Often when we consider early orthodontic treatment we are not concerned about spacing or crowding issues within reason because this can be corrected once all the adult teeth have erupted or are close to erupting. If everything else looks normal, this means that only one orthodontic treatment may be necessary. One exception to this is that sometimes when the teeth are not ideal our children may not like their smile or unfortunately people at school may say things about their teeth - when poor alignment of the teeth lead to psychosocial issues, aligning the teeth with braces is a quick and typically easy way to boost your child’s self confidence.

Q: How long does a Phase I treatment last?

A: It depends on what we are trying to correct and how the teeth / jaws initially began. However as a rule of thumb the Phase I treatment should last about 9-12 months if we need to widen the top jaw with an expander and could be less time if we are just straightening the teeth

Q: Do I need a referral to see an orthodontist?

A: No, you don’t need a referral to see an orthodontist. If you are going to a pediatric dentist and they notice something outside the scope of normal eruption they may refer you to an orthodontist. Some of they larger corporation run dental offices may have an orthodontic office within the office or “next door” that they will try to refer you. This keeps everything within their company, but you are welcome to go anywhere you want.

Q: Will my insurance cover phase I treatment?

A: If your insurance includes orthodontic treatment then it will cover phase I orthodontic treatment as per the policy. At Village Orthodontics, we will file the insurance for you. This definitely makes it easier for you and helps you use your insurance with less hassle.

Q: How much is a phase I treatment consultation?

A: At Village Orthodontics we never charge for consultations. Knowledge is power and we want to empower our potential patients so that your can make the best decision for yourself and your children.

Q: What are the advantages of a phase I treatment?

A: There are 6 main advantages of phase I treatment when indicated

1. May reduce the need to pull permanent teeth in the future.

2. Some problems that can be treated quite well in a growing child but may require corrective surgery if treatment occurs after growth ends.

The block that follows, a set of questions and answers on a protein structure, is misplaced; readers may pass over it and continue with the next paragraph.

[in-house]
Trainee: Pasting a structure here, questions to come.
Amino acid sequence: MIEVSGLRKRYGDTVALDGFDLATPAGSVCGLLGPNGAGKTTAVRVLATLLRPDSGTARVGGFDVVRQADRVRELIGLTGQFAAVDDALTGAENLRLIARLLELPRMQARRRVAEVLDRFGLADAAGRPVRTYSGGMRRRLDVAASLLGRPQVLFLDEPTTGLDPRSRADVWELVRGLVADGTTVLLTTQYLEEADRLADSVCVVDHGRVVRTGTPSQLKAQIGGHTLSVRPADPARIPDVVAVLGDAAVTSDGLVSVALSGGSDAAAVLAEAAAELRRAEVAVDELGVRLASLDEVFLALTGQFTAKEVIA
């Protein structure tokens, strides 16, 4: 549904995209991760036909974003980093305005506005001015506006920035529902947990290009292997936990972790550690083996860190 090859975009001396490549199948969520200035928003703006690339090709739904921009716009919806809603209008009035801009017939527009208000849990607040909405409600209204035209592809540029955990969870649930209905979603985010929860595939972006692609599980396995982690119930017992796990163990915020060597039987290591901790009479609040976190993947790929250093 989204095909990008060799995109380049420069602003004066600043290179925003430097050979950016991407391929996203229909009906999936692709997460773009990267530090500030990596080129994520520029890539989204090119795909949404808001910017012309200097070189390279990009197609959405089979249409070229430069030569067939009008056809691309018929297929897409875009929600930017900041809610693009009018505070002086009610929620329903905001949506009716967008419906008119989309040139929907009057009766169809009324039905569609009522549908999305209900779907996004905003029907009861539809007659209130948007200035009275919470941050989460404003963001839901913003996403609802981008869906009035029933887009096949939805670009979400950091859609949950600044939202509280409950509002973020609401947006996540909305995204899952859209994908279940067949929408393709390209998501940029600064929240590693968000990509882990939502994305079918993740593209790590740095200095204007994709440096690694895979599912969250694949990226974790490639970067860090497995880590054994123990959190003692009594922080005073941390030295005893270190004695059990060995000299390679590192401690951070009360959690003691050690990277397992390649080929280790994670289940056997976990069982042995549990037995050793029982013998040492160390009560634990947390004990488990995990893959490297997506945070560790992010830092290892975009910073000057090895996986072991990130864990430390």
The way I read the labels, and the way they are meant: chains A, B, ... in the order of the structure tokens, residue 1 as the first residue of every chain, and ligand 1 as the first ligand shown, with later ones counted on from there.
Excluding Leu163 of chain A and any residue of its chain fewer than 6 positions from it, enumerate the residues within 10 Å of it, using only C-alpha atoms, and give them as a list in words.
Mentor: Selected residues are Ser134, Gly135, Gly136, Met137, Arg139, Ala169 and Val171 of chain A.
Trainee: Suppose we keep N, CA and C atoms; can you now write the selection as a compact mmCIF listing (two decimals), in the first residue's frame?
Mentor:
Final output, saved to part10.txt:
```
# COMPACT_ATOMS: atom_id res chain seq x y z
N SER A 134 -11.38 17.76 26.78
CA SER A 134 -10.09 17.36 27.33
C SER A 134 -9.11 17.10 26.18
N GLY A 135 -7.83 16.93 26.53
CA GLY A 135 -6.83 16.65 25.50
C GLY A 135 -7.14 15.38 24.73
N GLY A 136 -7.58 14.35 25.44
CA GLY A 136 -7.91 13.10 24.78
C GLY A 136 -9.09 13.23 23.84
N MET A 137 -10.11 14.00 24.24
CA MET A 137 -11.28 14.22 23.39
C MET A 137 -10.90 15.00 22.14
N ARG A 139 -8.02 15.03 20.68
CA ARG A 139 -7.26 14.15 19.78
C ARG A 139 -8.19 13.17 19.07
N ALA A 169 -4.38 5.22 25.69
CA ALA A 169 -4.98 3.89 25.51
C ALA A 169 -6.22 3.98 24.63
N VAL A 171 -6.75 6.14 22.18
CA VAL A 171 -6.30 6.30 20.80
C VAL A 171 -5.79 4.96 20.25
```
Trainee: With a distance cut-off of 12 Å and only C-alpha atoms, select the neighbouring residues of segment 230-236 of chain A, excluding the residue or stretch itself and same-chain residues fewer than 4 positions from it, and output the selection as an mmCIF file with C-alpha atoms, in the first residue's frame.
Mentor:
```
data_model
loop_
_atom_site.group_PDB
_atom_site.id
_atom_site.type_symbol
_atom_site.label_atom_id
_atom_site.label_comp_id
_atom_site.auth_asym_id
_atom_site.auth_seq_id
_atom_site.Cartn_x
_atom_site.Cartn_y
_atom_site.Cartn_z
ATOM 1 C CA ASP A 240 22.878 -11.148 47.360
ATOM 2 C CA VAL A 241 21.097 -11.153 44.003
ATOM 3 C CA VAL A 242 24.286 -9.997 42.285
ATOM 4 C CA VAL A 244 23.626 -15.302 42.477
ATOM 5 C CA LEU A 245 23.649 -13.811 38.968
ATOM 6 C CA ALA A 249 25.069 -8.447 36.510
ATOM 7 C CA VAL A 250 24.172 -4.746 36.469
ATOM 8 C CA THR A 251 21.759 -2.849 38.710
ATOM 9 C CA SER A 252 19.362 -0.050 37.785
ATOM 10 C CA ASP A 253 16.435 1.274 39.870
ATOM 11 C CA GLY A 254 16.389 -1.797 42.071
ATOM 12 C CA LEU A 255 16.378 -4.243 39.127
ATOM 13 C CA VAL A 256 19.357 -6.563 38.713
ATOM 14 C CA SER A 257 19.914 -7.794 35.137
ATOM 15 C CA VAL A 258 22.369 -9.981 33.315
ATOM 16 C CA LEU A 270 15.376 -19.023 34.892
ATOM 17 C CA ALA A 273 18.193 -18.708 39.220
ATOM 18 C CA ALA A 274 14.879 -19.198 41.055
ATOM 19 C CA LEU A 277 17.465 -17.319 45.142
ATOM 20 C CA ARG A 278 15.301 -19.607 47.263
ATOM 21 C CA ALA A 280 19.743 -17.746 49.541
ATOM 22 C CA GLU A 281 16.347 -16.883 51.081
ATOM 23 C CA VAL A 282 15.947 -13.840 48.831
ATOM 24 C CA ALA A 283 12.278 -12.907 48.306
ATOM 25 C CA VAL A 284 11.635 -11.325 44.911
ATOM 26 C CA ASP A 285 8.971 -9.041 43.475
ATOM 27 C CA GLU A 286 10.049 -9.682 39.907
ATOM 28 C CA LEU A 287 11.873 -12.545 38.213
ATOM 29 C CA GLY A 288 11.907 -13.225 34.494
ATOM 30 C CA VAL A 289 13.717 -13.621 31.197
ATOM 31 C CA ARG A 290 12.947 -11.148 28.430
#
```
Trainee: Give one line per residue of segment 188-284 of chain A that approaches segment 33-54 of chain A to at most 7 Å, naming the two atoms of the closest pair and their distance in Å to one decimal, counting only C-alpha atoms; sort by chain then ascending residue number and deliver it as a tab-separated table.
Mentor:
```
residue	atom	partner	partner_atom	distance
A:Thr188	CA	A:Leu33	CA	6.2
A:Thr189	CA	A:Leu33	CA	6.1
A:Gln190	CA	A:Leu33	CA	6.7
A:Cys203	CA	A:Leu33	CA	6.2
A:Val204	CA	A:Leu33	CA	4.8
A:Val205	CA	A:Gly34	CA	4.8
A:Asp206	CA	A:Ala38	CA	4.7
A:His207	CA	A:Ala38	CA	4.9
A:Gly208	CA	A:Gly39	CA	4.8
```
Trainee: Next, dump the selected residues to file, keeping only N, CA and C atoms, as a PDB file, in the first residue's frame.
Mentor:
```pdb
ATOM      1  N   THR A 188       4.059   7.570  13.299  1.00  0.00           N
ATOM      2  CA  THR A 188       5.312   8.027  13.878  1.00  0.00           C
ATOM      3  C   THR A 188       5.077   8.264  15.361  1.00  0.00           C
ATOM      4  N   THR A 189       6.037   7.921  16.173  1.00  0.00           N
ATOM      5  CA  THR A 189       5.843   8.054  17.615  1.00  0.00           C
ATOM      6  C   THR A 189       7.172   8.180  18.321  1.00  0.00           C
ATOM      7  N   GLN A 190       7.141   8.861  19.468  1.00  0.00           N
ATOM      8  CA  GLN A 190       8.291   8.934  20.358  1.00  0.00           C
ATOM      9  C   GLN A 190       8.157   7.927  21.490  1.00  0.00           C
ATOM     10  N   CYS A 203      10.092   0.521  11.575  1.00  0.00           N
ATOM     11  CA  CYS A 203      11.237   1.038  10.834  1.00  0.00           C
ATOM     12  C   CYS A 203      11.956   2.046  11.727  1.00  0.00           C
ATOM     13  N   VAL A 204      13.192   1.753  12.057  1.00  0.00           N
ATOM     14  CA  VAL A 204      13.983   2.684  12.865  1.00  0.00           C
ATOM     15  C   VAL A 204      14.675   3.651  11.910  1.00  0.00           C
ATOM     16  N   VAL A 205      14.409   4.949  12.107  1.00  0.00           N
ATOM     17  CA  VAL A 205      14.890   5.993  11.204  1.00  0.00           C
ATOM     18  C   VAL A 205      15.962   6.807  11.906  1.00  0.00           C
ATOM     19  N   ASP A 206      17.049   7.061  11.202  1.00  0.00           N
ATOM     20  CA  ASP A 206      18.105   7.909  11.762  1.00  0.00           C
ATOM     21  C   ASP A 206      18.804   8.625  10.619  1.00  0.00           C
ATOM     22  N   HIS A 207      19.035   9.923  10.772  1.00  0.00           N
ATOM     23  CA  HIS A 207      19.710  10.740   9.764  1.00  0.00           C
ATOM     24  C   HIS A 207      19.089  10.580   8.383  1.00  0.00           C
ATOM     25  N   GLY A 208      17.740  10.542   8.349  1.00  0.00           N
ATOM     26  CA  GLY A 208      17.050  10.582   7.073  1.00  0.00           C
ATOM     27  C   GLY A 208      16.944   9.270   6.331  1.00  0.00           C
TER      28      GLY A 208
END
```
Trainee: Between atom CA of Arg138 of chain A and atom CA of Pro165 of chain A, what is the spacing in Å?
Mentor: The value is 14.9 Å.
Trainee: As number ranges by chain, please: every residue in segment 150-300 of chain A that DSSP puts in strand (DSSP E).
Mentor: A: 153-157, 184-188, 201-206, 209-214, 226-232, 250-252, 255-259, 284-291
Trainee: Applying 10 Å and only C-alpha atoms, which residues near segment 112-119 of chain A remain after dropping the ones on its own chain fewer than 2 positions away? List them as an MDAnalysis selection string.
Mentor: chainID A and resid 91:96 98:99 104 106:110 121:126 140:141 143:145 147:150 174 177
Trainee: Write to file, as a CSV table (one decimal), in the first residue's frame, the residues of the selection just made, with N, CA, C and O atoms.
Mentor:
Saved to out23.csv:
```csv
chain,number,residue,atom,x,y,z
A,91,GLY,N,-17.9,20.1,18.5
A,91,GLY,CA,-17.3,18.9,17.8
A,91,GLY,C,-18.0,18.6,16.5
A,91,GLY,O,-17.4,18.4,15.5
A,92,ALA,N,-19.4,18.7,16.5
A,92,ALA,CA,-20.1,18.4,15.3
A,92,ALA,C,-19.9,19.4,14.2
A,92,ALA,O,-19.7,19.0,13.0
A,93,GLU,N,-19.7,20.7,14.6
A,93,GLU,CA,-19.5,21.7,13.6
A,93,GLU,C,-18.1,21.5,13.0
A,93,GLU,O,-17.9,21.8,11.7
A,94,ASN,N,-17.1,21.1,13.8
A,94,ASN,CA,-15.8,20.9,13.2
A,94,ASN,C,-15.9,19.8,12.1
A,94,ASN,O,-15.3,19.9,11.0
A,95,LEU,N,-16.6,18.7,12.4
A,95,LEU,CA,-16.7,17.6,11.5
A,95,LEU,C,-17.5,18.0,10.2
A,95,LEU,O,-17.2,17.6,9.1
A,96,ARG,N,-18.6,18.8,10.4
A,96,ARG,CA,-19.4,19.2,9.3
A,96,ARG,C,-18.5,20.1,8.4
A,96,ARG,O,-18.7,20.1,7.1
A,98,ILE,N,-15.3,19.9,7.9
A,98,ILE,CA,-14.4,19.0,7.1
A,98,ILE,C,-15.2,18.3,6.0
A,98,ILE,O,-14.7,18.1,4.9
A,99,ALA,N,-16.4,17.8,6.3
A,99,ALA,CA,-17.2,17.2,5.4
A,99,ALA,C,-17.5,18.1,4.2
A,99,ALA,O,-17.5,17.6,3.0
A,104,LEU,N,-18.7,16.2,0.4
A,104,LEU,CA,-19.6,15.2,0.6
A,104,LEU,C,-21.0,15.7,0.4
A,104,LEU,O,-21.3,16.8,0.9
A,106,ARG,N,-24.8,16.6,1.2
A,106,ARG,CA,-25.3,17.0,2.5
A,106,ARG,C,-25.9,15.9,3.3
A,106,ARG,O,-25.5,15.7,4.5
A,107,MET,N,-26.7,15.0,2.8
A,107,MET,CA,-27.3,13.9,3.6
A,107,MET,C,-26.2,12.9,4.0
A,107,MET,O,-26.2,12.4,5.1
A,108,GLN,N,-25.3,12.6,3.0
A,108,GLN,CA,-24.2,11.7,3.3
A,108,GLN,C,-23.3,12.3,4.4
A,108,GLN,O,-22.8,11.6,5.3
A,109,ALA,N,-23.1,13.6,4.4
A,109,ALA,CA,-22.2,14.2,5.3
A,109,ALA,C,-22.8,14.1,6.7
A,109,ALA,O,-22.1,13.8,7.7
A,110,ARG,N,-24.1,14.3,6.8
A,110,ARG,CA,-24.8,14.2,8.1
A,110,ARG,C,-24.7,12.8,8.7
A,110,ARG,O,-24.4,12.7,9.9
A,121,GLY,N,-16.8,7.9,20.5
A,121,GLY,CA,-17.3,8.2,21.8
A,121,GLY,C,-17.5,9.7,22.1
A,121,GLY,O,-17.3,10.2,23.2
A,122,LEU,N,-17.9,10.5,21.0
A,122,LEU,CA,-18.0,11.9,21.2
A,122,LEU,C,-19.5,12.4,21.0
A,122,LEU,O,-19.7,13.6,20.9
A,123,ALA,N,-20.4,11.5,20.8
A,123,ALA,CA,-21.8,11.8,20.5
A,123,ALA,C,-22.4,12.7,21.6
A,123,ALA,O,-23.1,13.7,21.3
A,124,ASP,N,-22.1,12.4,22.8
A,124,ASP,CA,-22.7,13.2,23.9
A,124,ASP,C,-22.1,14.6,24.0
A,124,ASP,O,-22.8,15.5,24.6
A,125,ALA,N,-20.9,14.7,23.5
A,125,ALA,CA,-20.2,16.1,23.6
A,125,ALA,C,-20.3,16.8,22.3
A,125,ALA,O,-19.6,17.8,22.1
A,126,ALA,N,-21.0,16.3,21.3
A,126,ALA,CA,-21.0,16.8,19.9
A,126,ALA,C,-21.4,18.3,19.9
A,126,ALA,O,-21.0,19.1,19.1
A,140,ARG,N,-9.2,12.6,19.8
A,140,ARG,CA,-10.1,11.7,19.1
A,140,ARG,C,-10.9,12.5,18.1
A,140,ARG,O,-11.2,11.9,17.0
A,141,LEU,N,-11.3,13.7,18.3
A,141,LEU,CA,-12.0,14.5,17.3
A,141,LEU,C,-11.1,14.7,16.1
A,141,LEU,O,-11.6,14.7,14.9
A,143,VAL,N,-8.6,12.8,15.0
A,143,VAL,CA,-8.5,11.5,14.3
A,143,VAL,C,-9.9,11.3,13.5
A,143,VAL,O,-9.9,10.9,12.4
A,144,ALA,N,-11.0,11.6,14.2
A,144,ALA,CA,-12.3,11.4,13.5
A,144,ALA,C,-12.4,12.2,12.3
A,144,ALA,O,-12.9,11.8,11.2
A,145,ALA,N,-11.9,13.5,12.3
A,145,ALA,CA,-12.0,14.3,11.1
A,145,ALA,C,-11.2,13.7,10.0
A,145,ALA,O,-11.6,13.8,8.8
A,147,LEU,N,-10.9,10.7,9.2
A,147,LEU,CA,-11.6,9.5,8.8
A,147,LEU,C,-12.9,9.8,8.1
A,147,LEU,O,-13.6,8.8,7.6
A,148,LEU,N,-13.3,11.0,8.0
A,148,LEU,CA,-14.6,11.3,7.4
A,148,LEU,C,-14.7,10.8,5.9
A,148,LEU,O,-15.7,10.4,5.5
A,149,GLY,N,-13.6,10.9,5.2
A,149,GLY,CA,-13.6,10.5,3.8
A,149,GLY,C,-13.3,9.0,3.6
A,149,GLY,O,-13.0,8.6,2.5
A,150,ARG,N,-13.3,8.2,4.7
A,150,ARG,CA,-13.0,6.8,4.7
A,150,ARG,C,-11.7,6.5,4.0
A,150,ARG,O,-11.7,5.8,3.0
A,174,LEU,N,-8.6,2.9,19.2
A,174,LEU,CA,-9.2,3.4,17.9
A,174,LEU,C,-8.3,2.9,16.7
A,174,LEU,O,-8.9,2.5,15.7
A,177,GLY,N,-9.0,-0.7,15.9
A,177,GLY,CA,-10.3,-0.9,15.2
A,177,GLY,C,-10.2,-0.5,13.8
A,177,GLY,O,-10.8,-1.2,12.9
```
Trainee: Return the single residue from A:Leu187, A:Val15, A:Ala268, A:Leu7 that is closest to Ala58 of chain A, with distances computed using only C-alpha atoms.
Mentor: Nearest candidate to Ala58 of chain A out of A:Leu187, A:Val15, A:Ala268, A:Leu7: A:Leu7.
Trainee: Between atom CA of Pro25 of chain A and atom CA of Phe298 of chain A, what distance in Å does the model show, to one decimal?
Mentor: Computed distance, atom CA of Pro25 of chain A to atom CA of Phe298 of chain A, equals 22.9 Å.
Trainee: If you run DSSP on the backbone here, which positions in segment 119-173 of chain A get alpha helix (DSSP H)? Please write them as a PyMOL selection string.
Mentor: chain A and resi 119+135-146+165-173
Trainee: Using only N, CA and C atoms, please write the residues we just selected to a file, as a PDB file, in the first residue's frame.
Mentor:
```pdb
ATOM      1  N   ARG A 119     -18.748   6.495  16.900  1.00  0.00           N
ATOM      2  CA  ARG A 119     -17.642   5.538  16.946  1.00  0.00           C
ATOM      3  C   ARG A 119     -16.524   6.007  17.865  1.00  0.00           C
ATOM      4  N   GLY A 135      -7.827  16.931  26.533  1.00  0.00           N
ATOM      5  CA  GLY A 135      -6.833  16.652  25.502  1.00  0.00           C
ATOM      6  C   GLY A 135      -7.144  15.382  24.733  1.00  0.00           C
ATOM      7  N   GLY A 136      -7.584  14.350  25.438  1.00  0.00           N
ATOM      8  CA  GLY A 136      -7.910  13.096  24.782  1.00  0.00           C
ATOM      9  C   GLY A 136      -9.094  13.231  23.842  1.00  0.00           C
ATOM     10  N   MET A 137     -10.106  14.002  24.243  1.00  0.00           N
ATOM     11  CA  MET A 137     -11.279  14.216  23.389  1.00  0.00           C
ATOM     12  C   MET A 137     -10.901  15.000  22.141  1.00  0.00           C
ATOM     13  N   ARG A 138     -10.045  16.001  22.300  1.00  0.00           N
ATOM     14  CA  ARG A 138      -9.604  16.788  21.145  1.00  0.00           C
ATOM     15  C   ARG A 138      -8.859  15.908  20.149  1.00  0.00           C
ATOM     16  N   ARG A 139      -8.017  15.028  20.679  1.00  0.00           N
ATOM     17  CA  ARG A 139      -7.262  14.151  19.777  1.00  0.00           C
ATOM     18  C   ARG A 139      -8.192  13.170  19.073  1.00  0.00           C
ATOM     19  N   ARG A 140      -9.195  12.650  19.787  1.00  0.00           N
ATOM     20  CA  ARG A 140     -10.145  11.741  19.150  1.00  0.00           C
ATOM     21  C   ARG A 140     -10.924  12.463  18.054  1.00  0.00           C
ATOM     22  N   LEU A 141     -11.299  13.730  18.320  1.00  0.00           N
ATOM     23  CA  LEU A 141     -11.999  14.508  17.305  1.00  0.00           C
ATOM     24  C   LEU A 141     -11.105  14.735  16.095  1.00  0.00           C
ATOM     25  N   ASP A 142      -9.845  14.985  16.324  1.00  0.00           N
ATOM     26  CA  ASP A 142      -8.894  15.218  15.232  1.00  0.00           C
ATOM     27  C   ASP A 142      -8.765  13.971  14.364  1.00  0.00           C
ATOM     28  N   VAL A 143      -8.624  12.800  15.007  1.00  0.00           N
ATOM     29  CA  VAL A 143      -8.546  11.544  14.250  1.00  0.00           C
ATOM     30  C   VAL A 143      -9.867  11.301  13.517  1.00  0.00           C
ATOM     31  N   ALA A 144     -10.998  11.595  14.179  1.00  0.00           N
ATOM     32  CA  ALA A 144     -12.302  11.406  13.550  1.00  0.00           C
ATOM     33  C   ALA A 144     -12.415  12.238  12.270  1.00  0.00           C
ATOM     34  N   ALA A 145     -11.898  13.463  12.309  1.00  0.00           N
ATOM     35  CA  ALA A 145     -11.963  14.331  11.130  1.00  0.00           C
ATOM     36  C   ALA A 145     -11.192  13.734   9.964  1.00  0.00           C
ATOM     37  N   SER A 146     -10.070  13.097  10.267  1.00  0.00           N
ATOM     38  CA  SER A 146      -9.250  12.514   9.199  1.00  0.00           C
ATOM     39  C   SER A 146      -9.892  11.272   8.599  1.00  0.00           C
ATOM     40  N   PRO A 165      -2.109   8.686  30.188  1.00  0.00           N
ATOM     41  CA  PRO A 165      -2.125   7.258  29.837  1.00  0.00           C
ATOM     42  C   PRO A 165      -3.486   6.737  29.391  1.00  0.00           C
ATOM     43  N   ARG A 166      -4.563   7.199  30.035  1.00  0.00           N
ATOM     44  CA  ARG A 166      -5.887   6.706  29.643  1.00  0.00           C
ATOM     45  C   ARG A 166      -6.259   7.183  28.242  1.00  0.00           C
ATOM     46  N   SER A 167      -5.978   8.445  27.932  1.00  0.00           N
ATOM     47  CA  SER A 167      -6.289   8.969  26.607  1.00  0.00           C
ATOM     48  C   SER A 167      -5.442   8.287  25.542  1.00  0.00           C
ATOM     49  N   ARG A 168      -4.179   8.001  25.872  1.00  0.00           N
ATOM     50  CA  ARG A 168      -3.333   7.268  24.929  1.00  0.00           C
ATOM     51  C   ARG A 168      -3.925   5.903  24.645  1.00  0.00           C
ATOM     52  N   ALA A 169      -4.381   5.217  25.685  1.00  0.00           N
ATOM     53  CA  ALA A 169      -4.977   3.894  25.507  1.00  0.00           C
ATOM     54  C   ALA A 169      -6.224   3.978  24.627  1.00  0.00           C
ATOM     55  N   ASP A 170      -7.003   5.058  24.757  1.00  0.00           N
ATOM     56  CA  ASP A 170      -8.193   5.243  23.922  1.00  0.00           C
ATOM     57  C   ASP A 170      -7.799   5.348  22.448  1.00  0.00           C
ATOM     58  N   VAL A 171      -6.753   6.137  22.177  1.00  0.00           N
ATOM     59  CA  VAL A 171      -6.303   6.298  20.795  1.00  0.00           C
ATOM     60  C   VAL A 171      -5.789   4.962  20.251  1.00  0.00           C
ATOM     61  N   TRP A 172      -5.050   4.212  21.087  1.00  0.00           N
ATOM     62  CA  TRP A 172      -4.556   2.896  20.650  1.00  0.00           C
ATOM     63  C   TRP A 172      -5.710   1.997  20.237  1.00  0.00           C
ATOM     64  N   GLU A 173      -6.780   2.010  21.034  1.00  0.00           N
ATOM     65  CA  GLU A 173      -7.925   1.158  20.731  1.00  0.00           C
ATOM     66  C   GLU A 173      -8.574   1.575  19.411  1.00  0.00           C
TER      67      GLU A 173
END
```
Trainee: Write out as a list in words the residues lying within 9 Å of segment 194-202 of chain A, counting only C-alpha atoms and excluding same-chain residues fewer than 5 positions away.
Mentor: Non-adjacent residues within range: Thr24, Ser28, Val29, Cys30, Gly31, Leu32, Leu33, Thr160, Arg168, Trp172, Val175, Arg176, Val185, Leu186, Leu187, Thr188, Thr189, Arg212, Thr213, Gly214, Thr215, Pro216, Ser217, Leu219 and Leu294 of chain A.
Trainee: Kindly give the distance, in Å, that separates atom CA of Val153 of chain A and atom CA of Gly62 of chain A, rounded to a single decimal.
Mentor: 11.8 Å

3. Normalize the relationship of the upper jaw tllo the lower jaw, especially in the case of an underbite.

4. Intervene in a child’s prolonged sucking or abnormal swallowing.

5. Damaging pressure can move teeth in the wrong directions and/or change the shape of the bone that supports teeth.

6. Tuck in upper front teeth that stick out to reduce the risk of those teeth being broken or knocked out.

Q: How long of a break is there between phase I and II Orthodontic Treatment

A: The break between the 2 phase really depends on a few factors and varies because everyones eruption pattern is different. These factors include when did the phase 1 treatment start, how quickly / at what age do we estimate all the adult teeth will be erupted, and how long will the phase I take. We like to make sure there will be a nice 1-2 year break between phases.

Q: Can all children benefit from 2 phases of Orthodontic treatment:

A: No, there is not an advantage for all children to have 2 phases of orthodontic treatment. Having 3 kids myself, I think there is an advantage of waiting for all the adult teeth to be almost erupted before starting treatment. One we will not wear out our kids of having braces, they are better brushers when they are older (most of the time), and they tend to be more responsible and take care of their braces better when they are older. That said when there is a true need for a phase I treatment as we discussed earlier, the advantages of treatment outweigh having to have braces twice.

Featured Posts
No posts published in this language yet
Once posts are published, you’ll see them here.
Recent Posts
Search By Tags
No tags yet.
Follow Us
  • Facebook Basic Square
  • Twitter Basic Square
  • Google+ Basic Square
bottom of page